Chicago Cubs

David DeJesus named new CSN Cubs studio analyst

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David DeJesus named new CSN Cubs studio analyst

Former Cubs standout to also make regular appearances on "SportsTalk Live," "In the Loop," and CSNChicago.com’' "Cubs Talk" podcasts throughout the upcoming MLB season

Chicago, IL (March 22, 2017) – CSN Chicago (CSN), the television home for the most games and the most comprehensive coverage of the defending World Series Champion Chicago Cubs, has announced former Cubs/MLB standout and fan favorite David DeJesus has been named the new Cubs studio analyst for CSN's Cubs Pregame Live presented by Fields Auto Group and Cubs Postgame Live presented by BlueCross BlueShield of Illinois beginning with the 2017 MLB regular season. DeJesus will be paired with veteran CSN Cubs Pre/Postgame Live host David Kaplan to provide expert analysis for CSN's slate of 81 scheduled Cubs games beginning in April. In addition to his Cubs studio analyst duties, DeJesus will also make regular appearances on CSN's weeknight sports discussion program, SportsTalk Live presented by The Chevy Silverado, along with select appearances on the early edition of In the Loop presented by Comcast Business and on CSNChicago.com’s "Cubs Talk" podcasts. The announcement was made by Kevin Cross, Senior Director of News & Original Content for CSN Chicago. 

"I'm thankful to CSN for giving me this opportunity to once again be a part of the best organization in baseball," said DeJesus. "I loved my time with the Cubs and I am excited to be able to bring my insight to the viewers and enjoy the ride to another championship."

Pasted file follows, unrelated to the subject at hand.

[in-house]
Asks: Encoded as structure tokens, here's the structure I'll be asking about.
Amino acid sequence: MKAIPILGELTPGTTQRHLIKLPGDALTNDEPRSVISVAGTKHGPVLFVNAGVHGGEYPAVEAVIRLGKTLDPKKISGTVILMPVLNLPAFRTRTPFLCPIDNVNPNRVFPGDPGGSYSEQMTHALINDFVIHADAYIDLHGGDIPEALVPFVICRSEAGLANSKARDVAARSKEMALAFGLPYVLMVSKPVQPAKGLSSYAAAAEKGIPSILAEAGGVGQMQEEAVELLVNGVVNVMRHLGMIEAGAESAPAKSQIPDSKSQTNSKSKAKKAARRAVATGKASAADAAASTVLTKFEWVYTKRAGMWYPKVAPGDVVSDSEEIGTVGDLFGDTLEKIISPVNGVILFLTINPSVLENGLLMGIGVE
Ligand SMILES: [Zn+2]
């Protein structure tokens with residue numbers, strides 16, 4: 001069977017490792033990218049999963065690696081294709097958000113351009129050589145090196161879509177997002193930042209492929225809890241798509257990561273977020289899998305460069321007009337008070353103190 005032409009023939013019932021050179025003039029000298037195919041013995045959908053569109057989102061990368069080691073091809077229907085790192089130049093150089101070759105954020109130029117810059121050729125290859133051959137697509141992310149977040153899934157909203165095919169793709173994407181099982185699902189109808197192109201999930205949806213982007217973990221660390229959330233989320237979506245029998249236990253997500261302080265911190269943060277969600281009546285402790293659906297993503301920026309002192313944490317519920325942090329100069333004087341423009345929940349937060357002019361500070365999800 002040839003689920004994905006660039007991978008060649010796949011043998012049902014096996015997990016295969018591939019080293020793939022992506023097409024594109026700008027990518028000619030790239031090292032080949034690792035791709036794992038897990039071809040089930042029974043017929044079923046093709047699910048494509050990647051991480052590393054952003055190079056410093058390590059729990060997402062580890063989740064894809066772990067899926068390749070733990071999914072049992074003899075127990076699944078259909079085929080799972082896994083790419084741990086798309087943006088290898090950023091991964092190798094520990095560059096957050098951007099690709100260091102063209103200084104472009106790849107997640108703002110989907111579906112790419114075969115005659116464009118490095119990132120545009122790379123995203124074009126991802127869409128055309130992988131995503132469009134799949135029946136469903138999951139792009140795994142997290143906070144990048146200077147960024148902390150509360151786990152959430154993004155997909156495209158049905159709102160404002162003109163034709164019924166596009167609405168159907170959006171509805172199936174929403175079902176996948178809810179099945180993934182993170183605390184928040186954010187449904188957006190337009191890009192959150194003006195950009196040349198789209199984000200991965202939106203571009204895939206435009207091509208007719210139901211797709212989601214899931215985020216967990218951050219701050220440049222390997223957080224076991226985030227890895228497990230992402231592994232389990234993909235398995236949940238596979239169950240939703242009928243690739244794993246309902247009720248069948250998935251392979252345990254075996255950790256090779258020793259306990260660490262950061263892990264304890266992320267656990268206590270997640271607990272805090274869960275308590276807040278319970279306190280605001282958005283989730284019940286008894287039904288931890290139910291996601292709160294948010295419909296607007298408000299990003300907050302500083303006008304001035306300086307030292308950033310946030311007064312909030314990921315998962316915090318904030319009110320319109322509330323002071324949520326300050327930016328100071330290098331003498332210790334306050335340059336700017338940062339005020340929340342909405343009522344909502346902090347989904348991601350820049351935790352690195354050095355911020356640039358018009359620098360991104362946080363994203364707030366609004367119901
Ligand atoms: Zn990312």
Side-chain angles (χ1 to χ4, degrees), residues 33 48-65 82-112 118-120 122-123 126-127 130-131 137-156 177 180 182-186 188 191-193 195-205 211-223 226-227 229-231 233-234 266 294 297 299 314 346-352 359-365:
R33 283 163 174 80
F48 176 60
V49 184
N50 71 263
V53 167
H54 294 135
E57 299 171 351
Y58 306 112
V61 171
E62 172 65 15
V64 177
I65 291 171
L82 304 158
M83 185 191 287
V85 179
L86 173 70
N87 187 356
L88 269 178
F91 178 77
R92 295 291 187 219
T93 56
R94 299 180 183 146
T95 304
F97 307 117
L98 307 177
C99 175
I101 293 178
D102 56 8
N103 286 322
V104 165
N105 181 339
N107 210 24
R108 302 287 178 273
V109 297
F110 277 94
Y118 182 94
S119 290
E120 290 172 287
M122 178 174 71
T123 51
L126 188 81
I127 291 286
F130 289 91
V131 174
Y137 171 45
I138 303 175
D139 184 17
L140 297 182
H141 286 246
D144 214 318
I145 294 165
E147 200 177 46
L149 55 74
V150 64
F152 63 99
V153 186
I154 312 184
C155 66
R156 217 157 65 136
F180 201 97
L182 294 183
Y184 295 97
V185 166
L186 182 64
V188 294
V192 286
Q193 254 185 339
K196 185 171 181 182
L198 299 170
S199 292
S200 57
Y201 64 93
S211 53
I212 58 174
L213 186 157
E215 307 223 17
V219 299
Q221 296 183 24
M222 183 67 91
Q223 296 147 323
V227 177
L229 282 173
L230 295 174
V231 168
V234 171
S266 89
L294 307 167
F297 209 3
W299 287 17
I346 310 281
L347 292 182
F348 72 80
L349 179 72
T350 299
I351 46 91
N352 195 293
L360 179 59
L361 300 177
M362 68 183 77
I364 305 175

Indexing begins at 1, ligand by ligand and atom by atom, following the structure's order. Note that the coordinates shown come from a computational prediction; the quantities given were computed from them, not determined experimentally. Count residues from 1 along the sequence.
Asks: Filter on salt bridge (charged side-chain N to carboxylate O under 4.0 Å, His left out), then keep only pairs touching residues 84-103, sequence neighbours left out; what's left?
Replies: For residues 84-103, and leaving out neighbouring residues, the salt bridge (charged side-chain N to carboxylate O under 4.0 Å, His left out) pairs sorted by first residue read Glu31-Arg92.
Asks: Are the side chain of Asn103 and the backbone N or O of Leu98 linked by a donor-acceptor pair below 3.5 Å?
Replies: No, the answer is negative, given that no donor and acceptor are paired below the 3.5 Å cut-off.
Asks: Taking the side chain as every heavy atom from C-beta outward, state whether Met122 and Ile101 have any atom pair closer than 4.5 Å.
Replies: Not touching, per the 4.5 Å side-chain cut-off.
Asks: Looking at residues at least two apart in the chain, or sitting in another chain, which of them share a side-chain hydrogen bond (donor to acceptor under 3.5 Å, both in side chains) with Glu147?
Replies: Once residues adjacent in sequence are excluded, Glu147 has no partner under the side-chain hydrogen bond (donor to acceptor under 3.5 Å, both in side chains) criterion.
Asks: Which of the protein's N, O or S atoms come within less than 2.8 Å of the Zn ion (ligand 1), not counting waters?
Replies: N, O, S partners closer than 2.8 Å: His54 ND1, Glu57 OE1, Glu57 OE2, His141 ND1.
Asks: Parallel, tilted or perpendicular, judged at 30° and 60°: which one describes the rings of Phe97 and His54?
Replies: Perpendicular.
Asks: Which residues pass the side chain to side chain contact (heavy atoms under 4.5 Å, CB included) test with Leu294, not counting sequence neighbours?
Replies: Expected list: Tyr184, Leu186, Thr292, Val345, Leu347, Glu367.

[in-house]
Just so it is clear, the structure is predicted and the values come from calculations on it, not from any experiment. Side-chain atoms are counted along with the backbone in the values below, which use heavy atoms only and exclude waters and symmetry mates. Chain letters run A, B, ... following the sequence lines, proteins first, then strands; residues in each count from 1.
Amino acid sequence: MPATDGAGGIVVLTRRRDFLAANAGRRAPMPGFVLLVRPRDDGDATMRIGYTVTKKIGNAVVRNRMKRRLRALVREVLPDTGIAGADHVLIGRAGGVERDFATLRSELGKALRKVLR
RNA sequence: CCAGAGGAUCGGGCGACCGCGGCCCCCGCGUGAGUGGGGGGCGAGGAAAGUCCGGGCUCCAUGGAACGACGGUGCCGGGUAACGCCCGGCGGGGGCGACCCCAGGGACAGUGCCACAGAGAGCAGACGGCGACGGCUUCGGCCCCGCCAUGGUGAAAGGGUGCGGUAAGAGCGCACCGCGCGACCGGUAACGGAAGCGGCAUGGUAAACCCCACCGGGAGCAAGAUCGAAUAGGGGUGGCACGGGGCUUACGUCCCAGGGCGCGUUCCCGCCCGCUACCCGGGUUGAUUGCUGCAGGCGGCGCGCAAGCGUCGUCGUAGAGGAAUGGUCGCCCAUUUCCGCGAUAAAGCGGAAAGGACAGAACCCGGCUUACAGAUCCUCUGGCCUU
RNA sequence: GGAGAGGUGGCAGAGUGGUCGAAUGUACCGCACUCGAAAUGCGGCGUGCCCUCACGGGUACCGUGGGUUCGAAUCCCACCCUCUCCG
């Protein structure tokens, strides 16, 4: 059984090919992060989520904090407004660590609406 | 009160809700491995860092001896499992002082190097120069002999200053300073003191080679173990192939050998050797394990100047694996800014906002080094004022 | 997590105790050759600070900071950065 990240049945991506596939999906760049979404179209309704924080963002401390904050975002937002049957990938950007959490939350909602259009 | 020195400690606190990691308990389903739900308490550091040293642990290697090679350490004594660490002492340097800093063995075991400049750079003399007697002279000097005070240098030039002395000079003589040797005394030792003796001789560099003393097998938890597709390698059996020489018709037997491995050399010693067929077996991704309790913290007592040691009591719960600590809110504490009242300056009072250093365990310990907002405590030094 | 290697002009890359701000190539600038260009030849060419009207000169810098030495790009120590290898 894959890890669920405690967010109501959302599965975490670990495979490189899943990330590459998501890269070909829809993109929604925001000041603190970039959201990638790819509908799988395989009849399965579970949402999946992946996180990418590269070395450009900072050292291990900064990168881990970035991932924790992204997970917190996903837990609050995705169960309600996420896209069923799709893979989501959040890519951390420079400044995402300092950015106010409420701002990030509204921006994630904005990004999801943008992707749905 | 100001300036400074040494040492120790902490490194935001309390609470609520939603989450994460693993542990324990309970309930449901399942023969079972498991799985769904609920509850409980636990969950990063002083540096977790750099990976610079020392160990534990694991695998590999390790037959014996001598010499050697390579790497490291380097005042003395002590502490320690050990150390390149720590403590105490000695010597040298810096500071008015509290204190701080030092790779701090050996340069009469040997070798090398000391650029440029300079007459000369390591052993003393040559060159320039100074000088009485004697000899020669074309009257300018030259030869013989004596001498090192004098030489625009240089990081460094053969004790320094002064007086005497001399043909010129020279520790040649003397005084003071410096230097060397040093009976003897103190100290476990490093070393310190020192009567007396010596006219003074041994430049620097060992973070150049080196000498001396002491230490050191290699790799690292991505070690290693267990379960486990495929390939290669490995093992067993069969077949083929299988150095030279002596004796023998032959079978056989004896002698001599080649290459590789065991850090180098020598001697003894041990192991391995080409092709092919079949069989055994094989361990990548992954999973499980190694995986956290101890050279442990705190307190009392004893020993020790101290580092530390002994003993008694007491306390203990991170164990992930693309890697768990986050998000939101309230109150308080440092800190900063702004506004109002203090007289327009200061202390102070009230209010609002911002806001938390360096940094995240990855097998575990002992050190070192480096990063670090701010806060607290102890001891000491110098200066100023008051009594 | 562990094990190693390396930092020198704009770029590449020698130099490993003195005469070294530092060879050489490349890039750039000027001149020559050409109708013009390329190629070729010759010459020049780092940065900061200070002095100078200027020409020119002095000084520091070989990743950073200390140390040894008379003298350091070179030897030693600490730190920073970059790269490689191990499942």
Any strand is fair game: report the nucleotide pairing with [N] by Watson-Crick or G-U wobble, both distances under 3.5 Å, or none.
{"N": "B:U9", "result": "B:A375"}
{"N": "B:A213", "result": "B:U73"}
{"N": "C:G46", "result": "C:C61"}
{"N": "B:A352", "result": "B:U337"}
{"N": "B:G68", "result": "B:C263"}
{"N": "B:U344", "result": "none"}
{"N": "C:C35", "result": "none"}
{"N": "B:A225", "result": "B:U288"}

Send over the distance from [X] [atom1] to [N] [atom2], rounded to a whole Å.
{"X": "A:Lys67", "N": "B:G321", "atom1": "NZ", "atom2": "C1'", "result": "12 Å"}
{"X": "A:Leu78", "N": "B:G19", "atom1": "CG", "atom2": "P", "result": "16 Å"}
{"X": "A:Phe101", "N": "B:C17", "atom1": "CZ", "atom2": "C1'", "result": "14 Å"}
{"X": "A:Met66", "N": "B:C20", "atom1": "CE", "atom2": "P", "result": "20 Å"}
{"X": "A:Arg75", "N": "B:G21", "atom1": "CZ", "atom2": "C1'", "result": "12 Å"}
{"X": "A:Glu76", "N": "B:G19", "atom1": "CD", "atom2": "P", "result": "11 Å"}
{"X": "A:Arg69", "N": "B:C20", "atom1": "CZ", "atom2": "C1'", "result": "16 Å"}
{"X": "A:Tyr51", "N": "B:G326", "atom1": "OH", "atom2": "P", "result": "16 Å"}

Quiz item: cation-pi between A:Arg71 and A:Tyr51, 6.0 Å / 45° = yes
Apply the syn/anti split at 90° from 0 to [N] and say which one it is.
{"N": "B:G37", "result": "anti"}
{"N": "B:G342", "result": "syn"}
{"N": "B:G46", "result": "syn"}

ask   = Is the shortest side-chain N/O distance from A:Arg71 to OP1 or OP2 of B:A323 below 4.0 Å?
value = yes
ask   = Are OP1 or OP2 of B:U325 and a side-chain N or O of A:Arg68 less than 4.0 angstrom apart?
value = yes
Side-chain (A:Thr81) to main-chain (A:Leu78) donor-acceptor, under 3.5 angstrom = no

"During his time spent in Chicago, David quickly became a fan favorite for his dedication and hard-working approach not only on the field, but also in the community," added Cross. "David’s contagious enthusiasm and deep knowledge of the game will definitely be major assets to our Cubs studio shows beginning this season and we can’t wait to get David & 'Kap' together to bring Cubs fans the expert coverage and analysis they have come to expect from our network."

DeJesus (@David_DeJesus3), a standout defensive outfielder who played 13 seasons in the Major Leagues, including two for the Cubs in 2012 & 2013, made his Major League debut in September of 2003 with the Kansas City Royals. In his first full season with the Royals in 2004, DeJesus finished sixth in American League “Rookie of the Year” voting when he hit .287 with seven home runs and 39 RBI in just 96 games. DeJesus enjoyed his finest offensive season during the 2008 campaign with the Royals hitting .307 with 12 homers, 73 RBI and 11 steals. In his 13-year MLB career, which included stints with the Royals, Athletics, Cubs, Nationals, Rays, and Angels, DeJesus compiled a .275 career batting average with 99 home runs and 573 RBI. 

Cubs lose Pierce Johnson on waivers

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Cubs lose Pierce Johnson on waivers

The Cubs have parted ways with the first pitcher drafted by Theo Epstein's front office.

The Cubs designated Pierce Johnson for assignment last week when they purchased the contract of Jen-Ho Tseng to make his first MLB start against the New York Mets.